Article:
Ultrasound-guided Fascia Iliaca Compartment Block

In: StatPearls [Internet]. Treasure Island (FL): StatPearls Publishing; 2020 Jan.


Pain management is an integral part of providing care in the emergency setting. Lower extremity pain from hip fractures, burns, and other trauma is a common presenting complaint. Unfortunately, pain management can be difficult due to medication side effects, patient preferences, and other patient characteristics that can make intravenous analgesia less desirable. Opioid medications can be associated with respiratory depression, hypotension, mental status changes, and vomiting. NSAIDs can increase bleeding risk and exacerbate underlying gastrointestinal (GI) problems. Acetaminophen alone is often not sufficient for severe pain. Hip fractures, in particular, can cause considerable pain, and often occur in elderly adults with multiple comorbidities which make analgesia challenging. A fascia iliaca compartment block can provide superior analgesia with minimal side effects. It can be deployed in a relatively quick fashion after a small amount of training and can be executed with high success rates under ultrasound guidance. In a study by Monzon et al., patients who received a fascia iliaca compartment block for a hip fracture had significantly reduced pain levels. The pain was initially rated at an average of 8.5 on a 10 point scale but decreased to an average of 2.3 at 2 hours post-injection. In a study by Stevens et al., in Anesthesia Intensive Care, patients who underwent a fascia iliaca compartment block used significantly less morphine over the course of 24 hours than the control group which used morphine alone. An additional advantage is the duration of effect, which has been seen for 8 to 10 hours following a single shot block. Another randomized placebo-controlled trial showed that pain relief was superior at all time points measured in the fascia iliac compartment block group as compared with a group utilizing morphine only. In fact, median total morphine consumption in the compartment block group was 0 mg due to excellent analgesia after only a compartment block. Similar results were seen in a study by Lopez et al. for femoral shaft fractures. Emergency department-specific studies using ultrasound guidance have shown 76% mean reduction of pain score in patients with hip fracture at 120 minutes.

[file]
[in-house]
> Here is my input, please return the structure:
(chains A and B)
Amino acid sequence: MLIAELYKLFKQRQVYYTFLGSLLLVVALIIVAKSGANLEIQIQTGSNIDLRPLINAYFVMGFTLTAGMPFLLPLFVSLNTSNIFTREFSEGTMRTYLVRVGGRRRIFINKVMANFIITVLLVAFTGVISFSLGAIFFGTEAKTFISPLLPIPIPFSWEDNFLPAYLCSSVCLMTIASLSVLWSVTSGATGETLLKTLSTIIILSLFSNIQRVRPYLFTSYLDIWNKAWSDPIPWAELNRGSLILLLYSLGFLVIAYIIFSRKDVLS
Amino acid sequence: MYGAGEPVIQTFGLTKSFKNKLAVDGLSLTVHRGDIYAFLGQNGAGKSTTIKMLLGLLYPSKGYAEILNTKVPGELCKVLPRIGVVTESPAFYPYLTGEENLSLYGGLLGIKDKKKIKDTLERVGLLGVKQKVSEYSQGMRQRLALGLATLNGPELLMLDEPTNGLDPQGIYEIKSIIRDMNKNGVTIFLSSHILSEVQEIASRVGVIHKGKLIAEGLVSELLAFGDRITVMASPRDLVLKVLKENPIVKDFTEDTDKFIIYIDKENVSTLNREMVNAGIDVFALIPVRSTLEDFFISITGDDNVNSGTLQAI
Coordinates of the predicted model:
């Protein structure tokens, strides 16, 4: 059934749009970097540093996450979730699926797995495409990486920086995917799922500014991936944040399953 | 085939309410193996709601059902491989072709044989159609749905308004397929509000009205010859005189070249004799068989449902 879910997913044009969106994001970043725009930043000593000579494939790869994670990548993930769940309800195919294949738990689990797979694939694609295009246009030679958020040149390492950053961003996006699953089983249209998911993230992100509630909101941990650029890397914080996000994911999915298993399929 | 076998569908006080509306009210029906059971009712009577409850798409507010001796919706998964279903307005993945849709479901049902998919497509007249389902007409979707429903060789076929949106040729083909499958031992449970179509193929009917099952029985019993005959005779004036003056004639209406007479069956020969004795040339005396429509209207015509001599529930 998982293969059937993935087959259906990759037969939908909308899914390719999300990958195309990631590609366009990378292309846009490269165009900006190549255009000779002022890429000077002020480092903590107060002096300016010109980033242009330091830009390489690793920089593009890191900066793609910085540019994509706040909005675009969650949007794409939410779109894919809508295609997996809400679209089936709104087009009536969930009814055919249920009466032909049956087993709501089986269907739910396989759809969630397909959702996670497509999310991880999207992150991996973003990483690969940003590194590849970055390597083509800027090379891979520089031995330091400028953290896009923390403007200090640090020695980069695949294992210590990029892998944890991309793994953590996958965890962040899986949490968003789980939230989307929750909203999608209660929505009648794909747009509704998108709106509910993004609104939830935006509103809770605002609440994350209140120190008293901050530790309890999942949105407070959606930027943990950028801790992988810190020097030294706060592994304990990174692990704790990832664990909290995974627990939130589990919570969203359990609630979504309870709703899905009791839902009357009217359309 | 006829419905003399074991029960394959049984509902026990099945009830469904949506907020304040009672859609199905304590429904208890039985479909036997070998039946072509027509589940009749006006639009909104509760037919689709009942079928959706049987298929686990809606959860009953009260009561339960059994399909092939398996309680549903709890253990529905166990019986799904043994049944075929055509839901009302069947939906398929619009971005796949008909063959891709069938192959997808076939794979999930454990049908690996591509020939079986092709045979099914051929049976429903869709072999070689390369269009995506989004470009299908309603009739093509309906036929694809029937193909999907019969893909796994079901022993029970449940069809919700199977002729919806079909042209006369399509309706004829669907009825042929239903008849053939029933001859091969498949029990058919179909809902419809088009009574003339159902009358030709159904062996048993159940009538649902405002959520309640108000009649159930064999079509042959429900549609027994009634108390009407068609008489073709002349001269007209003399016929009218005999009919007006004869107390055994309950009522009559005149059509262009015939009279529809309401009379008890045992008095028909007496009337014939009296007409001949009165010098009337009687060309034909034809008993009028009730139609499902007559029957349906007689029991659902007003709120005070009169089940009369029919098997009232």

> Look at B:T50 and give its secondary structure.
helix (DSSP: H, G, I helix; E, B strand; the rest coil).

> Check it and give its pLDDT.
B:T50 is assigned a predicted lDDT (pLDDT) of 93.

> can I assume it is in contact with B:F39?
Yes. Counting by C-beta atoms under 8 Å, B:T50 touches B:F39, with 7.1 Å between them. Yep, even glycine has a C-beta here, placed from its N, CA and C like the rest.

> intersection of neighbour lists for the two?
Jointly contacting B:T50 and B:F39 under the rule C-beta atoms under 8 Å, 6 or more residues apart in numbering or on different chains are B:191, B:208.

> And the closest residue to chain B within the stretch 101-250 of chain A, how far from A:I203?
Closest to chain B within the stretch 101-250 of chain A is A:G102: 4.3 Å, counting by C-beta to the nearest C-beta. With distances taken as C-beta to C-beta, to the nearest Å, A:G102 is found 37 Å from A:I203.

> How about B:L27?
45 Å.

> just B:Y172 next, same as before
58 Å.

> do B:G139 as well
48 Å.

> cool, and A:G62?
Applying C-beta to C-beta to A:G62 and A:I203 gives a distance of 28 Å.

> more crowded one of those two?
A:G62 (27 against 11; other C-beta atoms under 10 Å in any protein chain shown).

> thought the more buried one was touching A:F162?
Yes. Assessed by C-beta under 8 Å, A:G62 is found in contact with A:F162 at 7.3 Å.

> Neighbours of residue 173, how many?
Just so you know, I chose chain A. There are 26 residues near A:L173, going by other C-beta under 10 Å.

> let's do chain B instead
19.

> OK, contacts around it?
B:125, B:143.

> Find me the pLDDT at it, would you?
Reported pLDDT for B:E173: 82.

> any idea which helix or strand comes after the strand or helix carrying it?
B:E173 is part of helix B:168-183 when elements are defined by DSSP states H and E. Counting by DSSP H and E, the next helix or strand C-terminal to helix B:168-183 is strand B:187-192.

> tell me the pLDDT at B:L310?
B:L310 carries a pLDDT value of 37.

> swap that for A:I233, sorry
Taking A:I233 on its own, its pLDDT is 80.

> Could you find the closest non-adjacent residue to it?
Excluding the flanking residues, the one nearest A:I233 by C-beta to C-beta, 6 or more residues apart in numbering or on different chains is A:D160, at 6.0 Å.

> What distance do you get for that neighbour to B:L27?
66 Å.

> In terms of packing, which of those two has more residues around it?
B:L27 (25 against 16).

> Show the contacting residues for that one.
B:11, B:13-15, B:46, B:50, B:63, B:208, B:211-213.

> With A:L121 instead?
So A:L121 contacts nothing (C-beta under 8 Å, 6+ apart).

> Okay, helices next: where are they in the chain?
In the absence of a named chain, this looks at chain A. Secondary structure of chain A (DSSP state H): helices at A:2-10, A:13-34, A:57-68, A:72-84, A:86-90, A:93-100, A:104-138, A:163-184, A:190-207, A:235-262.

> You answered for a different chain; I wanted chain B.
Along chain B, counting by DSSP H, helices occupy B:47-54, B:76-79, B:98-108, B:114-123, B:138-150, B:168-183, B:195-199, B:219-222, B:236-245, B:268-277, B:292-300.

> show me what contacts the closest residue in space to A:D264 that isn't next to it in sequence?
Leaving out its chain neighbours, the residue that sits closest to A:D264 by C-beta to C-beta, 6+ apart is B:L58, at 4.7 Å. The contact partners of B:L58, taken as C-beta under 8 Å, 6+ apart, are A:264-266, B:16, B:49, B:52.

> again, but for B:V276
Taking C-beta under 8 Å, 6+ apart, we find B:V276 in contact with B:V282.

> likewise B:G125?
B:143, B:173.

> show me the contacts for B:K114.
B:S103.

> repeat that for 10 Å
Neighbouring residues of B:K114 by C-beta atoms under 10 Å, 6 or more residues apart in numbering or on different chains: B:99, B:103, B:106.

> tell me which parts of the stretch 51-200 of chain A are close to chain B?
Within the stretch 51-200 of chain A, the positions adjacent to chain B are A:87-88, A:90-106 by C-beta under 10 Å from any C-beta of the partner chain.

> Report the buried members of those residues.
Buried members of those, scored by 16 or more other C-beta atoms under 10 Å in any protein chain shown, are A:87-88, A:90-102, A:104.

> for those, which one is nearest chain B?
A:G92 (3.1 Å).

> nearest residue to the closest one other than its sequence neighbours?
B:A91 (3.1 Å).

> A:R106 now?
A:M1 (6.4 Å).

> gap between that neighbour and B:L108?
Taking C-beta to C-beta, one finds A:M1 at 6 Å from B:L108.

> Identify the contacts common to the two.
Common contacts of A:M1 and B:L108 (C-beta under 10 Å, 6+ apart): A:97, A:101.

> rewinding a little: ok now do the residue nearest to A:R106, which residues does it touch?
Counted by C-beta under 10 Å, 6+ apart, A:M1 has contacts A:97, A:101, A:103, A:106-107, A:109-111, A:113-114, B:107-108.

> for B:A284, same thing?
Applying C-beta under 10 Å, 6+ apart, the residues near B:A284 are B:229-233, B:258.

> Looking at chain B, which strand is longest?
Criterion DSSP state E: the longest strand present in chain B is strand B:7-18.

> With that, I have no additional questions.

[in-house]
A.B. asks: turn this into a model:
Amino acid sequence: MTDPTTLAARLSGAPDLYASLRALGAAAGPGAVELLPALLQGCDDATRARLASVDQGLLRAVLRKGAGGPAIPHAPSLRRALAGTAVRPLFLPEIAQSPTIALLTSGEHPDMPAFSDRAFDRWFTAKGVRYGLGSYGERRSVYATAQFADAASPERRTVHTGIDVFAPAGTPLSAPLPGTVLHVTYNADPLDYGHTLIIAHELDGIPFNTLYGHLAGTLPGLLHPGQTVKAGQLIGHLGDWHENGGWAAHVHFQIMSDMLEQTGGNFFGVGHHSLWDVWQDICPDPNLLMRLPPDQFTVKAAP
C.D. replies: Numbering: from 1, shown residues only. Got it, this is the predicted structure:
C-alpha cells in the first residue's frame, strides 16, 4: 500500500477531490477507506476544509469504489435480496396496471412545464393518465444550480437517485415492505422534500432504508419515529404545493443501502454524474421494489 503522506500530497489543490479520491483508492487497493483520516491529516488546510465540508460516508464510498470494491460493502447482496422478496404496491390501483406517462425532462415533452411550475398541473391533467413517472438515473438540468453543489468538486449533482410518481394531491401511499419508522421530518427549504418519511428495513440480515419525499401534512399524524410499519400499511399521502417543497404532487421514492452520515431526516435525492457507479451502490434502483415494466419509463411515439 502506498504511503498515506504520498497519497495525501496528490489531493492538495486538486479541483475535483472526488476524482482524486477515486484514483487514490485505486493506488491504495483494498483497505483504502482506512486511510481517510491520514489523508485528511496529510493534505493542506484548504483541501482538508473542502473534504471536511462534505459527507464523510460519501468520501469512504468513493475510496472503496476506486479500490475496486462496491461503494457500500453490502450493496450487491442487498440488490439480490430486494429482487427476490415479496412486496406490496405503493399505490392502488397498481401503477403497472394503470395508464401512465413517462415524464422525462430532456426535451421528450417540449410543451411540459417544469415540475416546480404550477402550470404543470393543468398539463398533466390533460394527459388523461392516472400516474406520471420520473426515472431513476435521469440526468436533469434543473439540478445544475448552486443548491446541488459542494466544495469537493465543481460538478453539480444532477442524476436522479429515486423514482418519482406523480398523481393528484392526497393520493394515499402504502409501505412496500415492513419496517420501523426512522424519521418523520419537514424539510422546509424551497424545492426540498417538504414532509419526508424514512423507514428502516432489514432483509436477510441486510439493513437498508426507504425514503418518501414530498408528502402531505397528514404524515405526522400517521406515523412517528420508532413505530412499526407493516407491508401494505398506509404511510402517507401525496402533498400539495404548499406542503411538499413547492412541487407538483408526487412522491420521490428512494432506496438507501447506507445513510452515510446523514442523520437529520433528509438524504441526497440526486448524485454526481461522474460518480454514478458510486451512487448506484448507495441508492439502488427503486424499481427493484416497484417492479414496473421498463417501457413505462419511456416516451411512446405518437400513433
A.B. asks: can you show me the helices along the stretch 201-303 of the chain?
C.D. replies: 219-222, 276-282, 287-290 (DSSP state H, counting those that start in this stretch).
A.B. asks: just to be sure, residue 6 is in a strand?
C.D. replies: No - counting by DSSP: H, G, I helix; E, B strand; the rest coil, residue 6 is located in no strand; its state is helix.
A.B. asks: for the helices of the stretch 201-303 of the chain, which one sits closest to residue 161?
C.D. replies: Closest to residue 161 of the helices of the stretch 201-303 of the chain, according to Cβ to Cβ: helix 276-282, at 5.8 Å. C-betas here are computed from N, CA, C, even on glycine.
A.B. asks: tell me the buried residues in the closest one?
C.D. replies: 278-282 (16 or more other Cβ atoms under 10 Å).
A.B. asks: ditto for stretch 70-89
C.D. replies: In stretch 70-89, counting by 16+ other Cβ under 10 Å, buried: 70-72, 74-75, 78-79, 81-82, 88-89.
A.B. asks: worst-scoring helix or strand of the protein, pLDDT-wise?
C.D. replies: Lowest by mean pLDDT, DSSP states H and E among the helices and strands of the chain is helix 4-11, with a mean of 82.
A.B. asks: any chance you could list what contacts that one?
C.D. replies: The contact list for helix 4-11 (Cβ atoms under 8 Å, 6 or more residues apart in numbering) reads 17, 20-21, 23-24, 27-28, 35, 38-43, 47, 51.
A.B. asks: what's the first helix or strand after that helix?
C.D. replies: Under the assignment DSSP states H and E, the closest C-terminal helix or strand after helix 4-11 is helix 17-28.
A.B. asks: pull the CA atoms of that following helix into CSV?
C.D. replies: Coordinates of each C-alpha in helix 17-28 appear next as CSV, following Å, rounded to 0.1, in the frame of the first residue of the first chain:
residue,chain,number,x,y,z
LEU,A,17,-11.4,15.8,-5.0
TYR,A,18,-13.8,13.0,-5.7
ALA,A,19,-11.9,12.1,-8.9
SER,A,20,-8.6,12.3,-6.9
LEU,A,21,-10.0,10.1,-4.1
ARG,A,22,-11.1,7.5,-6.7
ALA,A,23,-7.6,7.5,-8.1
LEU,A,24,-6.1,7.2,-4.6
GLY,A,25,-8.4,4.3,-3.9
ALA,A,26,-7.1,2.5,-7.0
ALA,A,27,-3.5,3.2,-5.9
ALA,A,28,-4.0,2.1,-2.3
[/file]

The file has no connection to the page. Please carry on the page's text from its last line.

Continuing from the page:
Publication types

  • Review